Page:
PEDRO DANIEL OLIVEIRA
Starting today, the Filipino Catholic community, led by the Society of Our Lady of the Most Holy Trinity (SOLT), is holding the Simbang Gabi (Dawn Masses) in Macau, an ancient religious tradition introduced in the Philippines by the Spaniards.
From Dec 16-24, the Masses honoring the Blessed Mother and preparing for Christ’s birth will be at 5:30 AM in St Lawrence’s Church. For those who cannot make it to the dawn Masses, Simbang Gabi will be celebrated at 8:30 PM from Dec 15-23 in St Joseph’s Seminary Chapel.
“The importance of this festivity to us, Filipinos, is that first of all it prepares us for the celebration of the Feast of the Nativity of our Lord,” Fr Alejandre Vergara, SOLT, told us. “This is the time to unite ourselves with one another to celebrate the love of God for all of us. This is a kind of thanksgiving to God for all the graces and blessings that we received especially for the gift of Jesus who was born for us,” he added.
Moreover he said, “There is an atmosphere of joy that motivates us to keep and hold on to our faith that we may persevere in our lives.” This celebration gives also hope to the faithful, he said, which is why many are wishing for the best to come in their lives when they have finished the nine-day celebration.
The Simbang Gabi (literally “Night Mass”) is also known as “Misa de Gallo,” a term going back to the times of Pope Sixtus III (432-440) who instituted in Rome the practice of a midnight Christmas Mass “ad galli cantum” (“at cockcrow”) to anticipate the Lord’s birth.
But the practice of a novena of Masses before Christmas apparently began in Mexico. In 1587, Pope Sixtus V (1521-1590) gave Augustinians in the Americas permission to celebrate the Misa de Gallo on the nine days leading up to Christmas. Pope Sixtus V added the following intentions to the Mass: (1) glorification and exaltation of the Holy Mother Church; (2) propagation of the Holy Catholic Faith; and (3) preservation of the newly baptized natives in the True Faith. The Masses also became known as Misa de Aguinaldo.
The tradition was carried on to the Philippines by the missionaries and proved to be a very effective way of evangelizing. Historians say that the first Simbang Gabi in the Philippines began in 1668.
The pre-dawn timing afforded farmers time to attend the Mass before going to work. Evening Masses were difficult for them as they were exhausted at the end of a day of toil. For fishermen, they could attend the Mass after bringing in their catch before dawn. At the end of the Mass, the participants partook of rich delicacies which prepared them for work. This tradition of early dawn Masses and feasting on native delicacies has been handed down to the present.
The religious nature of the Simbang Gabi involves the sacrifice of rising early and attending Mass. Many believe that the novena can obtain for them favors from the Child Jesus. But aside from this, it also has become a time for family bonding, for meeting friends, and of course, for taking a sumptuous early breakfast in a festive atmosphere.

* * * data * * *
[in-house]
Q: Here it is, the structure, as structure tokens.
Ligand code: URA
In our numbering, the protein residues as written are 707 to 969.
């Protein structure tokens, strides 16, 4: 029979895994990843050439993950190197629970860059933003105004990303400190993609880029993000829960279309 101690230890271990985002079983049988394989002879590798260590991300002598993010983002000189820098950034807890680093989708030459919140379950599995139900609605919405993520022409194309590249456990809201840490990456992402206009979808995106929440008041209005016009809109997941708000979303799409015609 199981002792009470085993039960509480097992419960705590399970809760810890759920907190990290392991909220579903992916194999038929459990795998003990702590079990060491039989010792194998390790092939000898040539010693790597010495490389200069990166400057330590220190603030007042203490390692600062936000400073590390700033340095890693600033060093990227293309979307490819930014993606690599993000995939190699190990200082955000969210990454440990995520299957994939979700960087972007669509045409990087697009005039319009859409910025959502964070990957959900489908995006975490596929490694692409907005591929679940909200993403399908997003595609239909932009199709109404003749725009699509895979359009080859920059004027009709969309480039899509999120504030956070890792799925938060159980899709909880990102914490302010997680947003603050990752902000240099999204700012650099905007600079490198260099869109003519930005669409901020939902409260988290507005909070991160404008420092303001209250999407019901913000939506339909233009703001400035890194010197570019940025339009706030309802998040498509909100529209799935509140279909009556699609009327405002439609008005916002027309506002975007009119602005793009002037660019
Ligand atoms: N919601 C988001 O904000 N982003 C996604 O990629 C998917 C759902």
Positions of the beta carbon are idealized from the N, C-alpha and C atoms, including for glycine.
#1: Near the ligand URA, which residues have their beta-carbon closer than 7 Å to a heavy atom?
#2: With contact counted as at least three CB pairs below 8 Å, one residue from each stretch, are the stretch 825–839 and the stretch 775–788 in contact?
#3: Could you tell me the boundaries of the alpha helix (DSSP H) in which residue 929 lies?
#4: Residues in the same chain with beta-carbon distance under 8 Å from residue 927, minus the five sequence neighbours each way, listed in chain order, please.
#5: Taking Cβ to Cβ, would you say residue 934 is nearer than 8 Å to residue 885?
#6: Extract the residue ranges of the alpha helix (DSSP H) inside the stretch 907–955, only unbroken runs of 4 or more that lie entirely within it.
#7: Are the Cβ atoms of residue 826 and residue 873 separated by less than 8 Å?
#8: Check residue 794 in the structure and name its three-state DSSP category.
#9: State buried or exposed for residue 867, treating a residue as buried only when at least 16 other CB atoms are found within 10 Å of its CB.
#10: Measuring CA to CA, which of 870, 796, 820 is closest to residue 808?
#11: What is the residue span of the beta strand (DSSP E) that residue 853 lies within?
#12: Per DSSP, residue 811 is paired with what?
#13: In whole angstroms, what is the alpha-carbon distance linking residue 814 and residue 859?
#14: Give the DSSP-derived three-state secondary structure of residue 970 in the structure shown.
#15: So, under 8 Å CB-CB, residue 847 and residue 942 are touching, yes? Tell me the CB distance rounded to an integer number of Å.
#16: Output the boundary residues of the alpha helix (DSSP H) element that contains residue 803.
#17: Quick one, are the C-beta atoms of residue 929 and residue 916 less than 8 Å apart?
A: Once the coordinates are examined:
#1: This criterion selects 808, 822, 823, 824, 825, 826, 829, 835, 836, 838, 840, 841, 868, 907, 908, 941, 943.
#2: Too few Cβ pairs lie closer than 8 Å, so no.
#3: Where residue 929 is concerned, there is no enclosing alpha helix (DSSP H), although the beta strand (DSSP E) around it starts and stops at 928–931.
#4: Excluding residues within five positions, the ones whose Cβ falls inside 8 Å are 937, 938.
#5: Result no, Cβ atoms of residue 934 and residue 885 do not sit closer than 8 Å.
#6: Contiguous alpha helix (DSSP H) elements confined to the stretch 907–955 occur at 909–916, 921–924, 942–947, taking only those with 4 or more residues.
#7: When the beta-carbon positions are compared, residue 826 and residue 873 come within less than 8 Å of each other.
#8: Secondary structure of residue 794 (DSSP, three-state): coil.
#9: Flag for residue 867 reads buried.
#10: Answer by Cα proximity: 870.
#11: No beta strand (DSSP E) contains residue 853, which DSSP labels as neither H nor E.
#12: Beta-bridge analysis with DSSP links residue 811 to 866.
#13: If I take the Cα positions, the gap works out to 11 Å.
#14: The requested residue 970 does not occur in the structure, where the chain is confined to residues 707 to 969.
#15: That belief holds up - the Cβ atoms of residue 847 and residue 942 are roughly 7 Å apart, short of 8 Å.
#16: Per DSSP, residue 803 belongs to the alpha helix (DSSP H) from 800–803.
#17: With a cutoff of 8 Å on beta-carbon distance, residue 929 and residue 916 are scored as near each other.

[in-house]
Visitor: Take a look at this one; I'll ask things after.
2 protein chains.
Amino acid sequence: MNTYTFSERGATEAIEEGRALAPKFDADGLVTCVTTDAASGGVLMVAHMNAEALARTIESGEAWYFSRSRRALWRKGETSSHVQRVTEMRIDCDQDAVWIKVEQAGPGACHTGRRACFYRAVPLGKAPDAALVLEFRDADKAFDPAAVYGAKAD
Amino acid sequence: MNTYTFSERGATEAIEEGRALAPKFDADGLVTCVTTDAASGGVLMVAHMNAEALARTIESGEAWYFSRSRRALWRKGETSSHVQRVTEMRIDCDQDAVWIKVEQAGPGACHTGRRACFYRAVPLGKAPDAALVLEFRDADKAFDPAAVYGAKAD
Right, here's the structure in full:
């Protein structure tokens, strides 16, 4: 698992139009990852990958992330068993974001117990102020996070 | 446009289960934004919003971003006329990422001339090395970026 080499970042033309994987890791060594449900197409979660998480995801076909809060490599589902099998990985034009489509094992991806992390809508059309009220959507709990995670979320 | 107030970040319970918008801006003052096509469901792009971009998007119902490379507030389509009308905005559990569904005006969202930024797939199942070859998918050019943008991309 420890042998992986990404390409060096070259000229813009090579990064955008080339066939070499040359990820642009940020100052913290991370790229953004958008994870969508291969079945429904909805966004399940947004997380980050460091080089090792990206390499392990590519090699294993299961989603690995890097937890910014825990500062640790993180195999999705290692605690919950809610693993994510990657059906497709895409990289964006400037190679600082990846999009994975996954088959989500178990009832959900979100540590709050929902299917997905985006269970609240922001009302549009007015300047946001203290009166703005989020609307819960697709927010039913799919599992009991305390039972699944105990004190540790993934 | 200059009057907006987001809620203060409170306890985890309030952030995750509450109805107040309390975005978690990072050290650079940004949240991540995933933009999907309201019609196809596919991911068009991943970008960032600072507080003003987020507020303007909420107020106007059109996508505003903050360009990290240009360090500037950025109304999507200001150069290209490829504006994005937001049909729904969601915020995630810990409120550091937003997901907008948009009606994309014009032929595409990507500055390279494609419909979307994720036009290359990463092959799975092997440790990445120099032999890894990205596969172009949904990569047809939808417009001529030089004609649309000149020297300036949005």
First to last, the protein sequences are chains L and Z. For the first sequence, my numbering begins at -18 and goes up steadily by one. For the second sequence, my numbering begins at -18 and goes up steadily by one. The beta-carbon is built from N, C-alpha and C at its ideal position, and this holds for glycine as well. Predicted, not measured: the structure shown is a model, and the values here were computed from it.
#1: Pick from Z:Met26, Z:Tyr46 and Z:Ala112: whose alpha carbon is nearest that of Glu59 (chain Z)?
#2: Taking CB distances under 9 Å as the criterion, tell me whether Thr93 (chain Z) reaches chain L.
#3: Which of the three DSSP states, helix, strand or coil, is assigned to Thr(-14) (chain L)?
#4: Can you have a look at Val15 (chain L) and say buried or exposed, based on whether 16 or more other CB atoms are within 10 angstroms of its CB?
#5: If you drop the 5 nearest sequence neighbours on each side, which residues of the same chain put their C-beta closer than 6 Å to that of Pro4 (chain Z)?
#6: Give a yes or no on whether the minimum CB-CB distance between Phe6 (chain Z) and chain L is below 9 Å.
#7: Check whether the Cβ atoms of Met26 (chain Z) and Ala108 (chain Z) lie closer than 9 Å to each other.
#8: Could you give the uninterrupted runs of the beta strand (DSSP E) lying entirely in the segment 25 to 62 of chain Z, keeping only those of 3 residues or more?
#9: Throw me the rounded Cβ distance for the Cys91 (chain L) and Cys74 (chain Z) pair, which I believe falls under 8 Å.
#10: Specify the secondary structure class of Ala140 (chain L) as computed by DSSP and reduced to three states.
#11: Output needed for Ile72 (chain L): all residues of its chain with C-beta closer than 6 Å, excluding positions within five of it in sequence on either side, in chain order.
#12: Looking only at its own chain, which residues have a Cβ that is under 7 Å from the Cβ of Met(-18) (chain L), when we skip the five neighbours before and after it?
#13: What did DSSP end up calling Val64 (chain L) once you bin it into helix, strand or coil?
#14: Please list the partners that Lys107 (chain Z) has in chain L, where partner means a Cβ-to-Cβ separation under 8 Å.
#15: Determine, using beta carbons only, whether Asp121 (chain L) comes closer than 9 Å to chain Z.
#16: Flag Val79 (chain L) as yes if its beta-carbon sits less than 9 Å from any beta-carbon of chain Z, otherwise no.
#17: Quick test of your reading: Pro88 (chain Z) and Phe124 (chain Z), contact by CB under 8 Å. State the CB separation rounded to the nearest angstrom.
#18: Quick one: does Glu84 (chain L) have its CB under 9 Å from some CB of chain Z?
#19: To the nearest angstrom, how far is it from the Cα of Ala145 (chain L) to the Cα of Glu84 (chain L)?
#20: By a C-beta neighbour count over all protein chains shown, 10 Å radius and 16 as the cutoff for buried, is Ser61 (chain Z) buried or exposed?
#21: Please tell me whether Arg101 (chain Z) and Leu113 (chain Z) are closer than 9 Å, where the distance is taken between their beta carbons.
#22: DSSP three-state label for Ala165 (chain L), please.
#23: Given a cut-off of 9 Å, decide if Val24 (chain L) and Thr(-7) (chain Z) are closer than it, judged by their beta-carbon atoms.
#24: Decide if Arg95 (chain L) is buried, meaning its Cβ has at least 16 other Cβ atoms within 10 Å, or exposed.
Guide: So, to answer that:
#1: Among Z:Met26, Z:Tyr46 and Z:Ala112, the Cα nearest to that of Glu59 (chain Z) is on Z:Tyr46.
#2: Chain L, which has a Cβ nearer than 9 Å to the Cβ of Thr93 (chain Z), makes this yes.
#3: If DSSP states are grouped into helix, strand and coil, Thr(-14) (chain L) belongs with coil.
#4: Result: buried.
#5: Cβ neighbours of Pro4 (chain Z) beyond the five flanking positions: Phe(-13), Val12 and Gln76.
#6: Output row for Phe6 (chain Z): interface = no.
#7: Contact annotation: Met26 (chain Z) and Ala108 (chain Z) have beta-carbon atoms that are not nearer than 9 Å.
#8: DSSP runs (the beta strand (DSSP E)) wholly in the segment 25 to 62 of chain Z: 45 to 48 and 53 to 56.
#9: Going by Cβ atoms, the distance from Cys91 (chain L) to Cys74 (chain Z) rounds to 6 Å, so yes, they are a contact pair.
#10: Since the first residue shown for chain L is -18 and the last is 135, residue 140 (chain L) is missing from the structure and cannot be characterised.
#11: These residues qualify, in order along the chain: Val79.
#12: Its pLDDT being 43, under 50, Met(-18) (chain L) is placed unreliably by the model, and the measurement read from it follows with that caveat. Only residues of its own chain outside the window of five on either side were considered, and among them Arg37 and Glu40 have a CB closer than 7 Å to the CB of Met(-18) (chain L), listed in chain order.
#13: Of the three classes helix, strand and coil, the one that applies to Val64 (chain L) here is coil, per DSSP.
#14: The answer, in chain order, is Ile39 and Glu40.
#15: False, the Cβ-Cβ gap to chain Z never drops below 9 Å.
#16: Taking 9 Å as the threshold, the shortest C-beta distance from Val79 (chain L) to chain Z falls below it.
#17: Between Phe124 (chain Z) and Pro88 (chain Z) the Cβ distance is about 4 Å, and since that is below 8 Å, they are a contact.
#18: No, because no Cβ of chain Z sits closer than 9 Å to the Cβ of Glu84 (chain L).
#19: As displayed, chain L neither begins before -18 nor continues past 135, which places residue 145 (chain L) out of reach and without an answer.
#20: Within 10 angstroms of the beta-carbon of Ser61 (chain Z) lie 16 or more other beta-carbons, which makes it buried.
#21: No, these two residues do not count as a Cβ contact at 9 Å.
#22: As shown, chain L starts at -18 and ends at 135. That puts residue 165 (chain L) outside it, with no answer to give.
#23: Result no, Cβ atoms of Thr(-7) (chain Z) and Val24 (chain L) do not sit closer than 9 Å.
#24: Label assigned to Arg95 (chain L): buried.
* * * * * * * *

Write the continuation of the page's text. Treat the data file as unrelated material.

So popular is this tradition that it has become part of Filipino culture. Wherever Filipinos go, they will try to organize the novena Masses, adapting the time to the local circumstances. Just to cite one example, Catholic News Service reported last year: “Since 1986, Filipino Catholics have organized an annual Simbang Gabi novena throughout the Archdiocese of Chicago. Every novena, which takes 12 months to plan, becomes more popular, with an average of 45,000 people attending over the nine days. Six percent of the archdiocese’s population is Asian, and many of those are Filipinos.”
“This year,” the report continued, “66 churches in all parts of the archdiocese will participate in Simbang Gabi. Unlike in the Philippines, where the novena Masses are held at dawn, the Masses in Chicago are held in the evening. Children usually carry parols [Filipino Christmas lanterns] in opening processions during the service, and many people wear traditional Filipino clothing. One of the highlights of the novena follows Mass when participants partake of traditional Filipino food.”
Simbang Gabi is a privilege given to the Catholic Church in the Philippines. Fr Virgilio Hernandez writes: “The First Plenary Council of the Philippines, in 1953, applied for a papal indult under the following conditions: ‘On the nine days preceding the Nativity of our Lord, i.e., from December 16 to 24, the solemn votive Mass Rorate Coeli Desuper is sung especially in parish and convent churches, but only once a day with great solemnity and with a big attendance of the faithful’ [Acta et Decreta Primi Concilii Plenarii Ins. Phil., Manilae, 1953, n. 356; J Ylla, OP, Indultos y Privilegios de Filipinas, UST Press, 1940, p. 24].
“With the promulgation of the 1960 Code of Rubrics, the Philippine Hierarchy, under its president Archbishop Julio Rosales of Cebu, wasted no time and decided to elevate in the same year to the Holy Father a suppliant letter ‘humbly asking that, in spite of the promulgation of the new Code of Rubrics, and for as long as the same grave reason, namely the conservation of the Faith [in the Philippines] continued, the Aguinaldo Masses be allowed to be sung for nine days preceding the Nativity’ [Cf Ibid, pp 470-471.] On 24 March 1961, the petition was granted for a period of five years.”
White vestments are used in a Simbang Gabi Mass, but purple is used for any other Masses said during the day, as these are still considered part of the Advent season.
With Fr José Mario O Mandía